1. Going barefoot on dunes of white sand…hundreds of miles from any ocean
The world’s largest gypsum dune field (read: a whole lot of rolling white sand dunes) is protected as White Sands National Monument, between Las Cruces and Alamogordo on US-70. Going for a walk along the dunes to admire the otherworldly view is reason enough for a visit — take off your shoes, because unlike beach sand the gypsum doesn’t retain the sun’s heat, so even in summer your soles will be comfortable. Even better, bring a sled or board, pick the highest dune you can find, and point yourself down it.
2. Watching hundreds of colorful hot-air balloons ascend into the dawn sky
For the last 40+ years, the skies outside of Albuquerque have been transformed each October as the International Balloon Fiesta, the largest ballooning event on Earth, sees the launch of hundreds upon hundreds of hot-air craft. The vibrant colors of the balloons, their creative shapes, and the sheer mass of them — all floating against the backdrop of the stark beauty of central New Mexico — makes for a sight you won’t find anywhere else.
3. Attending an open-air opera in the high desert
Regardless of how you feel about opera, checking out a performance at the Santa Fe Opera‘s Crosby Theatre is a seriously unique experience. The venue has undergone multiple renovations since opening in 1957, but the current structure maintains the open-air aesthetic, providing the audience with views of New Mexico sunsets over the high desert mesa. Distant summer storms rage as the story unfolds onstage. Don’t miss the pre-show tradition of fine-dining tailgating in the parking lot — it’s tailgating, opera style.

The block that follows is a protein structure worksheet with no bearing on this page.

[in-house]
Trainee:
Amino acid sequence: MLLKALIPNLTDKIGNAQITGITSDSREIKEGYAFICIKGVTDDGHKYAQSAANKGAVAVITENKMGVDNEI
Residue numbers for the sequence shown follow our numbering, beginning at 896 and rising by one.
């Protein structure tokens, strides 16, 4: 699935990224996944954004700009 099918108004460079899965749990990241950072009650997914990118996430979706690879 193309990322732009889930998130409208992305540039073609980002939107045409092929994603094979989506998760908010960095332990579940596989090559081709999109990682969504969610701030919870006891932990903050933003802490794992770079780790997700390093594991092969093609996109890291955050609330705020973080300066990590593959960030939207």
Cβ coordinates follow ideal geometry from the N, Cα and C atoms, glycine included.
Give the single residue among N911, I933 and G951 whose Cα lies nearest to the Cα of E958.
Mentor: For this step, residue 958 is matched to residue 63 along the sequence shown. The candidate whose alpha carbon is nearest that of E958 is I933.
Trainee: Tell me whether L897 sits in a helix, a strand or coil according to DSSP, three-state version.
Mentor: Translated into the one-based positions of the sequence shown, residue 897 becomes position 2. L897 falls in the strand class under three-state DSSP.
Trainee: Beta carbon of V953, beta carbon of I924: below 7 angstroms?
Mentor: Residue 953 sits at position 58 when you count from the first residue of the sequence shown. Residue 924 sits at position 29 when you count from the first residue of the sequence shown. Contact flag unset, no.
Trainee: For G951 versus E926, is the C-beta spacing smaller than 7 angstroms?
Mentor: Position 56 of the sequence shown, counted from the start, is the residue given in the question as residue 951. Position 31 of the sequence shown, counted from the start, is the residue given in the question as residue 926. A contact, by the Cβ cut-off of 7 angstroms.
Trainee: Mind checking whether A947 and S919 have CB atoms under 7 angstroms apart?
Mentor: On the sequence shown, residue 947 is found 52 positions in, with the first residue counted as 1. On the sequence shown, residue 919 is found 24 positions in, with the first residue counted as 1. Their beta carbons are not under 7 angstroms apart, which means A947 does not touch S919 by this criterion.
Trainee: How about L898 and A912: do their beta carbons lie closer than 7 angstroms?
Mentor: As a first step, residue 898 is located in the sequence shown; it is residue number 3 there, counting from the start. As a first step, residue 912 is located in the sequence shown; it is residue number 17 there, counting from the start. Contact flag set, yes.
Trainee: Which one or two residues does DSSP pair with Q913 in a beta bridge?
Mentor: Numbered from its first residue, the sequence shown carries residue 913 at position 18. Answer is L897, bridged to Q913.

4. Tasting the green chile at its culinary best
There’s so much going on in the culinary world in New Mexico, but the star will always remain the green chile. This quintessential New Mexican ingredient is beloved and celebrated to the extent that it’s found its way into all manner of recipes that, at first glance, might seem a bit bizarre (but on tasting will make total, ingenious sense): pizza, pie, and donuts, for example. When you’re in the state, keep your eyes peeled for these inventive creations, as well as classic dishes like green chile stew and green chile enchiladas.
5. Standing in one of the largest cave chambers in the world
Beneath the Guadalupe Mountains of southern New Mexico lies one of the world’s most extensive cave systems, a network of 119 (and counting) limestone caves that forms the centerpiece of Carlsbad Caverns National Park. Its features range from massive chambers (like the 357,469-square-foot Hall of the Giants) to fanciful formations (Totem Pole, Rock of Ages) to eerie and mysterious nooks (the Bottomless Pit, Lake of Clouds). Self-guided tours give you access to the main chambers, but for a more intimate look, try a ranger-led expedition.
6. Stepping into the landscapes of Breaking Bad
A whole lot of the world got a whole lot more familiar with the sights and sounds of Albuquerque and its surrounding landscapes in 2008, when Season 1 of Breaking Bad premiered. Now when you visit, you have multiple options for a Breaking Bad tour that takes in filming locations from the show — there’s even Breaking Bad-themed hotel packages. And of course, the saga continues with the spinoff Better Call Saul, which looks set to add some new stops to the tour itinerary.
7. Walking across volcanic badlands in the footsteps of ancient Americans
In western New Mexico, the pueblos of the Zuni and Acoma peoples are separated by 75 miles and the craggy volcanic landscape of El Malpais National Monument. A trail once connected the two settlements, and today you can walk the eight or so miles that remain. It’s a difficult, 6-hour trek one way, owing to the treacherous terrain, but definitely worth the effort for a look at a side of New Mexico most visitors don’t see.
8. Learning what all the Hatch chile fuss is about
You may have heard the name or even tasted one of these legendary chile peppers, but to truly grasp what the big deal is, check out the Hatch Chile Festival, held in the eponymous southern New Mexico village each summer. You’ll get to try classic dishes that make use of the ingredient, and of course sample rotisserie-roasted peppers straight from the hopper. See why everyone goes a bit crazy for the Hatch each harvest season.